Typical Issues With Pansies
While pansies may be planted in the early spring or fall, you can find mature pansy plants in the garden center from August through March or April of the following year, depending on your climate. Plant pansies in a garden bed with well-draining soil at a depth equal to their nursery container. To allow for growth and air exchange, space plants 6 to 12 inches apart. Aim for three to four pansy plants in a 10- to 12-inch pot when using containers to prevent crowding the plants. Deer are the biggest problem for pansies. To keep your pansies alive, you might need to use deer repellant or seek advice from front yard landscaping experts. Your pansies may be under stress from other sources besides deer if you notice these additional symptoms.
Brown, Shriveled Leaves
If you notice leaves turning brown and shriveling up during hot, humid weather, you should especially look out for powdery mildew. Remove the impacted leaves and make sure the plants have enough airflow by checking the leaves.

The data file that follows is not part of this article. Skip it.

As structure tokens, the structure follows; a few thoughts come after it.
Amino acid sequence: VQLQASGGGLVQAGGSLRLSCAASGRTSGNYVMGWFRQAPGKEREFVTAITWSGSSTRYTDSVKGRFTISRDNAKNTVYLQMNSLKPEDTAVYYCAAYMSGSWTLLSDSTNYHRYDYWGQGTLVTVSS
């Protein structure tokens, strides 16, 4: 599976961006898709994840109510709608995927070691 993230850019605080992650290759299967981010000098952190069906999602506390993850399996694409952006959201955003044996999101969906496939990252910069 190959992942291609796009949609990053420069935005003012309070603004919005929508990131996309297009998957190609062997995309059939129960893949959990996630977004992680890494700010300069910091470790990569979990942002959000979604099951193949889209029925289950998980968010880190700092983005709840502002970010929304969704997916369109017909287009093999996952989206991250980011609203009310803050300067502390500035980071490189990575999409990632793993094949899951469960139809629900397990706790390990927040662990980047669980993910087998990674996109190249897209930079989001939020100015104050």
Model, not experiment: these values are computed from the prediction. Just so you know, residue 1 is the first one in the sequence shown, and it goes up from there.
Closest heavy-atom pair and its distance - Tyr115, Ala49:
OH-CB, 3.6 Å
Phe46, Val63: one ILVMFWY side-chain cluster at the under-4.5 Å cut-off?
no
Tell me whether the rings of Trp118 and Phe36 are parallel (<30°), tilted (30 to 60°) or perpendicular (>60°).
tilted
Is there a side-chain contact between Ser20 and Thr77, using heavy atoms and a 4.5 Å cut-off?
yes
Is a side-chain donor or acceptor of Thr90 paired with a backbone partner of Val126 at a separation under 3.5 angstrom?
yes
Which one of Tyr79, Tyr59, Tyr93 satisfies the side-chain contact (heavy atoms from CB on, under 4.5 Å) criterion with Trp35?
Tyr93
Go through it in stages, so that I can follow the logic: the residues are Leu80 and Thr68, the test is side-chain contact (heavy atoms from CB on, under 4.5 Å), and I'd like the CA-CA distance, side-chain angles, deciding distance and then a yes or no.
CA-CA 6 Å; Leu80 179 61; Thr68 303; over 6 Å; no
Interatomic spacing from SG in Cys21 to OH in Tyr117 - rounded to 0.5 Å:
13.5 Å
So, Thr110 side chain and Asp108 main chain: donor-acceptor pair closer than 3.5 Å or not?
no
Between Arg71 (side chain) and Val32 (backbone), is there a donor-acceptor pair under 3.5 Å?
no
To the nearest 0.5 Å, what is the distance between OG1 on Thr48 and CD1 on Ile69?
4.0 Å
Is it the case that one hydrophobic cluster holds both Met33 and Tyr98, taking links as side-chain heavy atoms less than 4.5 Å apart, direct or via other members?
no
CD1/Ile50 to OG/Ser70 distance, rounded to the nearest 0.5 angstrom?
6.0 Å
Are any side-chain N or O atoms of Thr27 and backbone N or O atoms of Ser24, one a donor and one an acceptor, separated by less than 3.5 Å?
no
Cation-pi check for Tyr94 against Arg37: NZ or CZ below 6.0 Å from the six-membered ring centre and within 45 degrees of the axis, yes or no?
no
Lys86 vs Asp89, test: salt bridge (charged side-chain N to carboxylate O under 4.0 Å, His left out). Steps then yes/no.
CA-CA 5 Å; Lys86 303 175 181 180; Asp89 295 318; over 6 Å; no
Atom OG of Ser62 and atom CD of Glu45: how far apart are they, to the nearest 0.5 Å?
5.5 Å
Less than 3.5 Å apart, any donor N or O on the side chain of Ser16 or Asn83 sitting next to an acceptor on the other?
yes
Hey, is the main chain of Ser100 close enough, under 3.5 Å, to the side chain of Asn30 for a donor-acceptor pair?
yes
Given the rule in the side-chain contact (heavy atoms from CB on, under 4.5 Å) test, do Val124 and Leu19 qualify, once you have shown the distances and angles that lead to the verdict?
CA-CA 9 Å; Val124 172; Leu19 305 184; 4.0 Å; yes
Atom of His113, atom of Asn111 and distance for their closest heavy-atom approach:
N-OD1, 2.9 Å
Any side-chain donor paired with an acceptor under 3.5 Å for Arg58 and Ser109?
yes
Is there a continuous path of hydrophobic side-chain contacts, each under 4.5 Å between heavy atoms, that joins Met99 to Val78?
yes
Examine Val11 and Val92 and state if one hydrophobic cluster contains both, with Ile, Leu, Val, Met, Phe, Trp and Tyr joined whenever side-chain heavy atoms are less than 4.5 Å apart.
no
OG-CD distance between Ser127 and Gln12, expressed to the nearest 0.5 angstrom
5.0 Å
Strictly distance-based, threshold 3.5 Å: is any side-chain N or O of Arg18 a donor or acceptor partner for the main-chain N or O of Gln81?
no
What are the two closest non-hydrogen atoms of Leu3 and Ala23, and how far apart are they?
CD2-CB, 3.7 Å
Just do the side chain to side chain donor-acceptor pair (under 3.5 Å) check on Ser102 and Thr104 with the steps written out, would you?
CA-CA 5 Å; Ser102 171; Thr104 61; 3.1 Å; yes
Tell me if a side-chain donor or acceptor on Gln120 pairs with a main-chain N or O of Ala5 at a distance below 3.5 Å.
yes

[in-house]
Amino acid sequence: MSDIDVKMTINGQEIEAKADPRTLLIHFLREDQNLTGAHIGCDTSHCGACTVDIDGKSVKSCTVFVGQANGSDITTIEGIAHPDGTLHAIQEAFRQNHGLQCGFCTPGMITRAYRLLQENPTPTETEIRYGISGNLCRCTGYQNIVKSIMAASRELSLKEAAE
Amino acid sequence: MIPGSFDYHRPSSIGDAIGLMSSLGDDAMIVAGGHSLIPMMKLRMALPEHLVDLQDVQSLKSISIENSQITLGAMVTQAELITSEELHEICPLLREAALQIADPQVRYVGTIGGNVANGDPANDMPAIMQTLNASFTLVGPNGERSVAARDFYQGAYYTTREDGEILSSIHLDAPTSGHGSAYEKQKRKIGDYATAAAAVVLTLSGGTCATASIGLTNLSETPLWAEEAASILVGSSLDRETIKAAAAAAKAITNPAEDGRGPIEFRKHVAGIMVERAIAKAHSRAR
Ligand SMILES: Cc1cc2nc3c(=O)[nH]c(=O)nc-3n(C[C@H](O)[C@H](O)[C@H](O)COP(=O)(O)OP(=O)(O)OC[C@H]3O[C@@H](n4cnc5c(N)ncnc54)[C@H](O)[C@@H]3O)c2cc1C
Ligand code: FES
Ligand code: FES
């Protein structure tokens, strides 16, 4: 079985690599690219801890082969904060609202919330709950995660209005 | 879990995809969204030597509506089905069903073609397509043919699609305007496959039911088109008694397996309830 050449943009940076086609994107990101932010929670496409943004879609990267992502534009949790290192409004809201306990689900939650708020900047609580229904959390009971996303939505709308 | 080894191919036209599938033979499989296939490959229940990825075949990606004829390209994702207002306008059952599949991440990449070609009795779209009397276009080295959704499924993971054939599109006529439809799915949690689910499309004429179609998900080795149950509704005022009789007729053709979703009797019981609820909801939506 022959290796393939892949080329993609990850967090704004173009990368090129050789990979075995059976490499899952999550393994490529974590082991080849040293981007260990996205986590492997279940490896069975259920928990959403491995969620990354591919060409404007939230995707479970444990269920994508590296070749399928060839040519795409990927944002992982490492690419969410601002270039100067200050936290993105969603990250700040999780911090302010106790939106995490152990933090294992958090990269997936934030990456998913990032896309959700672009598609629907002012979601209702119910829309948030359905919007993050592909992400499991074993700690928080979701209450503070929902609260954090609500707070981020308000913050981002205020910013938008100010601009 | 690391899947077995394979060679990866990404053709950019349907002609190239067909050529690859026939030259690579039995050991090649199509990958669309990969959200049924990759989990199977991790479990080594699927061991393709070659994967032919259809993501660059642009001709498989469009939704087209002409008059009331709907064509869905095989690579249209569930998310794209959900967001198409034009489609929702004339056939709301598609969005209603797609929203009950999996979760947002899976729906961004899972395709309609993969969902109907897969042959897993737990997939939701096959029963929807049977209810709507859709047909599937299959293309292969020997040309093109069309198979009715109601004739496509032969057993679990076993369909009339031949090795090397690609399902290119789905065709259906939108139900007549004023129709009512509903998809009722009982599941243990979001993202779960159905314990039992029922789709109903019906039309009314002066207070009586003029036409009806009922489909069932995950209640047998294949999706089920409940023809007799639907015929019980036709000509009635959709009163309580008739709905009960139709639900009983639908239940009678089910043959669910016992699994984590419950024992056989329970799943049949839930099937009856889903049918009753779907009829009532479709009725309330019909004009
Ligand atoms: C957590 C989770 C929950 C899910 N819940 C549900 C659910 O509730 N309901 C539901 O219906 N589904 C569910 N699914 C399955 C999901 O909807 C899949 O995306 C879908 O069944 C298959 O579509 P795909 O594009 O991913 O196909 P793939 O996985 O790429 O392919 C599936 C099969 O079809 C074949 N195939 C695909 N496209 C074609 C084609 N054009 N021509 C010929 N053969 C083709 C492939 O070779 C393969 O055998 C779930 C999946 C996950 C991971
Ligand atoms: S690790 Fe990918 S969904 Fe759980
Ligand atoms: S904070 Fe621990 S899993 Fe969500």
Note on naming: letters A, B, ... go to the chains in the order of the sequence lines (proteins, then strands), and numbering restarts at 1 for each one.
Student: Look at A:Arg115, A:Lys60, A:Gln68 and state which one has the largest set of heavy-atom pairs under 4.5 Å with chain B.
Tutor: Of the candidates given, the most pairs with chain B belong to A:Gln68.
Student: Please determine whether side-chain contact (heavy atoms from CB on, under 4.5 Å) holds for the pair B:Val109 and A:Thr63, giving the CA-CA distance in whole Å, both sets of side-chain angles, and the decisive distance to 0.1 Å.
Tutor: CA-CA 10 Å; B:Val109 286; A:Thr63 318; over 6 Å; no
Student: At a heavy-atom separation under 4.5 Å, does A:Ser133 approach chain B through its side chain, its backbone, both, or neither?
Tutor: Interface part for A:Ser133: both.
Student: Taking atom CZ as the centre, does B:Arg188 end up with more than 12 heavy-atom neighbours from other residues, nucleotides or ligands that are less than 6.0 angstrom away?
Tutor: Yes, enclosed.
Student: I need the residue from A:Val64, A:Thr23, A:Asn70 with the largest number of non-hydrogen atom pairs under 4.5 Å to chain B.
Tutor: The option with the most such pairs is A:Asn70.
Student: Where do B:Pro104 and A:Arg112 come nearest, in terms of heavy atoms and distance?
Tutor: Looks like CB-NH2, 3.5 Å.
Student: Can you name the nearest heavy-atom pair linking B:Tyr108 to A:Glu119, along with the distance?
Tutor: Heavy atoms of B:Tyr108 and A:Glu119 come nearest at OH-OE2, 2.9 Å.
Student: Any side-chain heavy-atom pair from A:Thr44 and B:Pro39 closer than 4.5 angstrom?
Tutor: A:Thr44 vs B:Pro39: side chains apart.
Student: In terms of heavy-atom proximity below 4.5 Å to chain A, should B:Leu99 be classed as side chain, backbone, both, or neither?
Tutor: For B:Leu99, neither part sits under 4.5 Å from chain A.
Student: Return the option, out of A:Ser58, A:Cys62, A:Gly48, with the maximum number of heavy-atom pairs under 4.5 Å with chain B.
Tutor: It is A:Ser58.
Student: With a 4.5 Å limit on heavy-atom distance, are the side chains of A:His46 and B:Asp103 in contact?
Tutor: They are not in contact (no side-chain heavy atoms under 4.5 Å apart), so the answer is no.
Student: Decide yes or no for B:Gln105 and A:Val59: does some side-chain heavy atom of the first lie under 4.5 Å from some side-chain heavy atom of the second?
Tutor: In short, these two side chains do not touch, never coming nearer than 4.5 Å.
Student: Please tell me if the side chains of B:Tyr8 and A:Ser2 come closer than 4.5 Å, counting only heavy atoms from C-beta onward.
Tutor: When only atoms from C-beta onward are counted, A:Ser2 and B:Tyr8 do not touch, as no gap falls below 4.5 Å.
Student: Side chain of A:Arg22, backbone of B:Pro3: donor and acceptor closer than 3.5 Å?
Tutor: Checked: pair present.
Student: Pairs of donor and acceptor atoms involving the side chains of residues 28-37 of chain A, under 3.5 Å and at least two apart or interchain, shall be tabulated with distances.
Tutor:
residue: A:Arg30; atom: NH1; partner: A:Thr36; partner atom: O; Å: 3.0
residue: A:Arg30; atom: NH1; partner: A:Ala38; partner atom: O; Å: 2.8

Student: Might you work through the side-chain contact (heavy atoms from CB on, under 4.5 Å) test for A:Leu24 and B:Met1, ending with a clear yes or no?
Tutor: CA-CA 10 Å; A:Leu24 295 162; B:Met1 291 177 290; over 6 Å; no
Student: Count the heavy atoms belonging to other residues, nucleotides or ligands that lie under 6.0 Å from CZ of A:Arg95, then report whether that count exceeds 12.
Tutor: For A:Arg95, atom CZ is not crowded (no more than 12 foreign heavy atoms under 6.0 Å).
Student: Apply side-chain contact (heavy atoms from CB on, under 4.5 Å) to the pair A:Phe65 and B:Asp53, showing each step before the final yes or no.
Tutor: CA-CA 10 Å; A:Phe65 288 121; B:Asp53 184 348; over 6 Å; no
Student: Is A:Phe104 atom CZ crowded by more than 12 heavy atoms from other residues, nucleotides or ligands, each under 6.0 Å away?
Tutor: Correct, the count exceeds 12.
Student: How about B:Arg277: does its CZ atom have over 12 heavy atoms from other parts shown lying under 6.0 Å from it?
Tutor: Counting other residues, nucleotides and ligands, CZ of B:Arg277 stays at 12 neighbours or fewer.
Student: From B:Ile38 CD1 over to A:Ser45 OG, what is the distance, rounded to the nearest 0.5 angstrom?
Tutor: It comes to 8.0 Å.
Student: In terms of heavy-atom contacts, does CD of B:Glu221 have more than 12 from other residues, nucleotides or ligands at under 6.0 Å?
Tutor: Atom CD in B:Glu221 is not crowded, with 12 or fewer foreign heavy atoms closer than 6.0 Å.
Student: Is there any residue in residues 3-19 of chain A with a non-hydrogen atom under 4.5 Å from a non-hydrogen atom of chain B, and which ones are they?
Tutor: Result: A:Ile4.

The pansies may have root or crown rot, which causes overall droopiness and potential blackening of the stem close to the soil. To reduce this danger, avoid crowding and overwatering pansies. A plant’s chances of recovering from this issue are little to none.
Spots in Leaves
Any variety of fungal issues, including anthracnose, leaf spot, rust, or scab, might be plaguing pansies with leaves that have various forms of spots on them. Spots can be any hue, including tan, brown, purple-black, and light green. Verify that you are properly feeding and watering your pansies to alleviate any of these problems. You should also encourage excellent garden cleanliness by providing your plants with plenty of room for air circulation.
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